I read several books at one time. I have no problem keeping the plot straight — the author’s “voice” comes through the pages loud and clear, and I can pick up the story line right where I left off, among the jumble of 5 books that are running through my head and hands at one time.
Books are a healer in a stressful world. When a title intrigues me, I am hooked, and my curiosity will not rest until I discover what the author has left between those two covers. Whether it is a cookbook, an autobiography, a fiction or self-help book, my life will be altered by those pages — I know this in advance. This is what attracts me to pick up the book.
This summer, I decided to “heal” this book reading ADHD, by picking up one single book off of the pile at a time, and not daring to move down the pile until that book was completed. In the morning, when I was tempted to pick up a new cover I had yet to explore, and peel back the cover and discover what the author had to share, I resisted the urge. I went back to the same book I was reading in bed the night before. I stayed the course — steady — one book at a time. I did this for one single entire book.
At the time, I attributed to my book reading cross-overs to logistics and laziness. We live in a house that has living space on four levels. The book I read on the fourth level at night isn’t around on the second level when I’m eating breakfast. My hands, in the morning, are full of laundry to carry to the basement — no room in my arms to carry last night’s book. So, in the kitchen, another book is waiting for me there to eat over breakfast. Another book sits in the living room by the sofa… and another book is in the bag I carry while waiting for doctor’s appointments.
Then, I met someone who reads her books on a Kindle. She too reads several books at one time — and her books are all in the same place! I asked her why — and she said, sometimes she gets restless, and she wants to know what’s going on in that book — and another book will lead her to something over here. She had no less than 7 books opened in her Kindle.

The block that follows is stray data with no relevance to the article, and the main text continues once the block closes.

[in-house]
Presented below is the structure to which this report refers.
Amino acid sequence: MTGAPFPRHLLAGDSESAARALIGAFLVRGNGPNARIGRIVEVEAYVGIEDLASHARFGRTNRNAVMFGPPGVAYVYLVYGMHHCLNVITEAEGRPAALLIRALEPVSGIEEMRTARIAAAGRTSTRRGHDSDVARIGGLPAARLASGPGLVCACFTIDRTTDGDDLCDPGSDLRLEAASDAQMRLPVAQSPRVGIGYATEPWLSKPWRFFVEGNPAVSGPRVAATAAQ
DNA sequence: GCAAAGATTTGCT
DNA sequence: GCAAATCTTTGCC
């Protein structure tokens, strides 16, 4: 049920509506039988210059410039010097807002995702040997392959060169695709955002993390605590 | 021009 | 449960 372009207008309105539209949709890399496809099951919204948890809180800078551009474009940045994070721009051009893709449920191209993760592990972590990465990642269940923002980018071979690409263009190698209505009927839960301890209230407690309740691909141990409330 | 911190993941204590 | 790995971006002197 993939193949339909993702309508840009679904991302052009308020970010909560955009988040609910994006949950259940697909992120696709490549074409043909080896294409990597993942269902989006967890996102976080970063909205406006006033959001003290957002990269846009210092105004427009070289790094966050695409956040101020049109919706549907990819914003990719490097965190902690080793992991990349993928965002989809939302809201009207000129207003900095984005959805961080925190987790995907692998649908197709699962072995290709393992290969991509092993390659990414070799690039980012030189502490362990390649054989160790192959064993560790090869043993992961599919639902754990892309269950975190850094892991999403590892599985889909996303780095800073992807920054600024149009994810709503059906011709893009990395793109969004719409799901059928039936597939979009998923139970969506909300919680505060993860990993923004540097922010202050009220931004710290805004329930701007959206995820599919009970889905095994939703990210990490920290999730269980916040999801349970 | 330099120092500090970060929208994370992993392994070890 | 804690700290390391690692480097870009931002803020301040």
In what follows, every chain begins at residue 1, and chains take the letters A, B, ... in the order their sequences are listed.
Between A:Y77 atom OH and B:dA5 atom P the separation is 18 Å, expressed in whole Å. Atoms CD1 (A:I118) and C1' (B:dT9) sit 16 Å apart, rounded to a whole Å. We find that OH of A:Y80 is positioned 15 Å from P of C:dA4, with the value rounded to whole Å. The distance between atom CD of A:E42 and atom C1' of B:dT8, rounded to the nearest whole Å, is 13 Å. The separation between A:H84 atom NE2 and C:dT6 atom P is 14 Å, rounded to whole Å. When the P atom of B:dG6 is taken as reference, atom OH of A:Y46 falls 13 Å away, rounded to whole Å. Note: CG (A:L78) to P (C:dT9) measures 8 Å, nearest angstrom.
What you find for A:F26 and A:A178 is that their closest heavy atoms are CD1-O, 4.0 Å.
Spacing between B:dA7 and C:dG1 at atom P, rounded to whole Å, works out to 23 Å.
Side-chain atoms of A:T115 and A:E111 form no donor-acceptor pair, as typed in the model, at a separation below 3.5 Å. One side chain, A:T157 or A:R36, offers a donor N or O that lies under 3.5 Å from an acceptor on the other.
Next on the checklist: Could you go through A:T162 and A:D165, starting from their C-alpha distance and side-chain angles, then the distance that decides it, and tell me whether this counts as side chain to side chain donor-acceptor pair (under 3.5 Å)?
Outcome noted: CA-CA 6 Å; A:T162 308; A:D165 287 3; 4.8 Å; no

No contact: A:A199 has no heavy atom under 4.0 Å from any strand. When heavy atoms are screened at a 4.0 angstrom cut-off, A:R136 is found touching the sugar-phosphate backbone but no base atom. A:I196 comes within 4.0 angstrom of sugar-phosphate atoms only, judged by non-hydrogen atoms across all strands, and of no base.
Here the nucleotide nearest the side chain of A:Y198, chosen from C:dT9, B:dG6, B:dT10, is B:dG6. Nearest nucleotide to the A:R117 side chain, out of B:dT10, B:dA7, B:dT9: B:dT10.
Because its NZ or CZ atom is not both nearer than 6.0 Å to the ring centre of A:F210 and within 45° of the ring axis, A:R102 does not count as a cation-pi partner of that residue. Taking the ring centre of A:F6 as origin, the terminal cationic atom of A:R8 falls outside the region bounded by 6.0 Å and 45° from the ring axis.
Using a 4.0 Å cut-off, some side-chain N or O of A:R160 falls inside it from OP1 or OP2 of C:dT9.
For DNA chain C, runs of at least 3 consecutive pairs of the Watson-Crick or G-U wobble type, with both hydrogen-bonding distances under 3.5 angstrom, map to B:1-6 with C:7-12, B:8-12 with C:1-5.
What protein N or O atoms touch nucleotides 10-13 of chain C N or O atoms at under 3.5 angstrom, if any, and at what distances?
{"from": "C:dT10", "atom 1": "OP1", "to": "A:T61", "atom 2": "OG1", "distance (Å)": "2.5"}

I pondered that… but continued my summer quest of reading one book from start to finish before moving on to the next intriguing cover.
I can’t do this one-book-at-a-time thing anymore! One book was enough — and I miss that book! If I had been reading more than one book at a time, I would still be reading that book — and it wouldn’t be over! I like the experience of reading a book… not just finishing one.
I refuse to continue this sterile process any longer. It’s robbing me of the pleasure I gain from reading. Reading one book at a time is far too lonely and isolating. Rushing through the book, just for the sake of getting to the end, so that I can move to the next book, cheapens the entire art of reading.
Just like the girl I met with the multi-book Kindle — it is not laziness or logistics that keeps me flipping through so many books at once. It is connection. I love how one book makes me think of some other topic, and the book I’m thinking about is there — so I open it up. I love giving an author’s thoughts time to peculate in my brain — while I move over to another book and gather strength from that author — and then going back to the first book that inspired the move in the first place.
Reading several books at once is like savoring a good meal. The book is not quickly over and done with — it becomes part of a mental conversation that I have in my brain with all of the authors I am reading — all at once.
Sometimes the ideas need time to percolate. To simmer on the back burner, because your brain is not quite ready to absorb the gifts the book can bring you. Moving to another book gives you space between your experience and the reading. Reading fast and furious, from finish to end, curtails this process from unfolding.
To give a book the prominence in your life it deserves — you need to draw away from the book for awhile– and then come back, with more insight and thoughts fully formed. I can’t imagine reading any other way.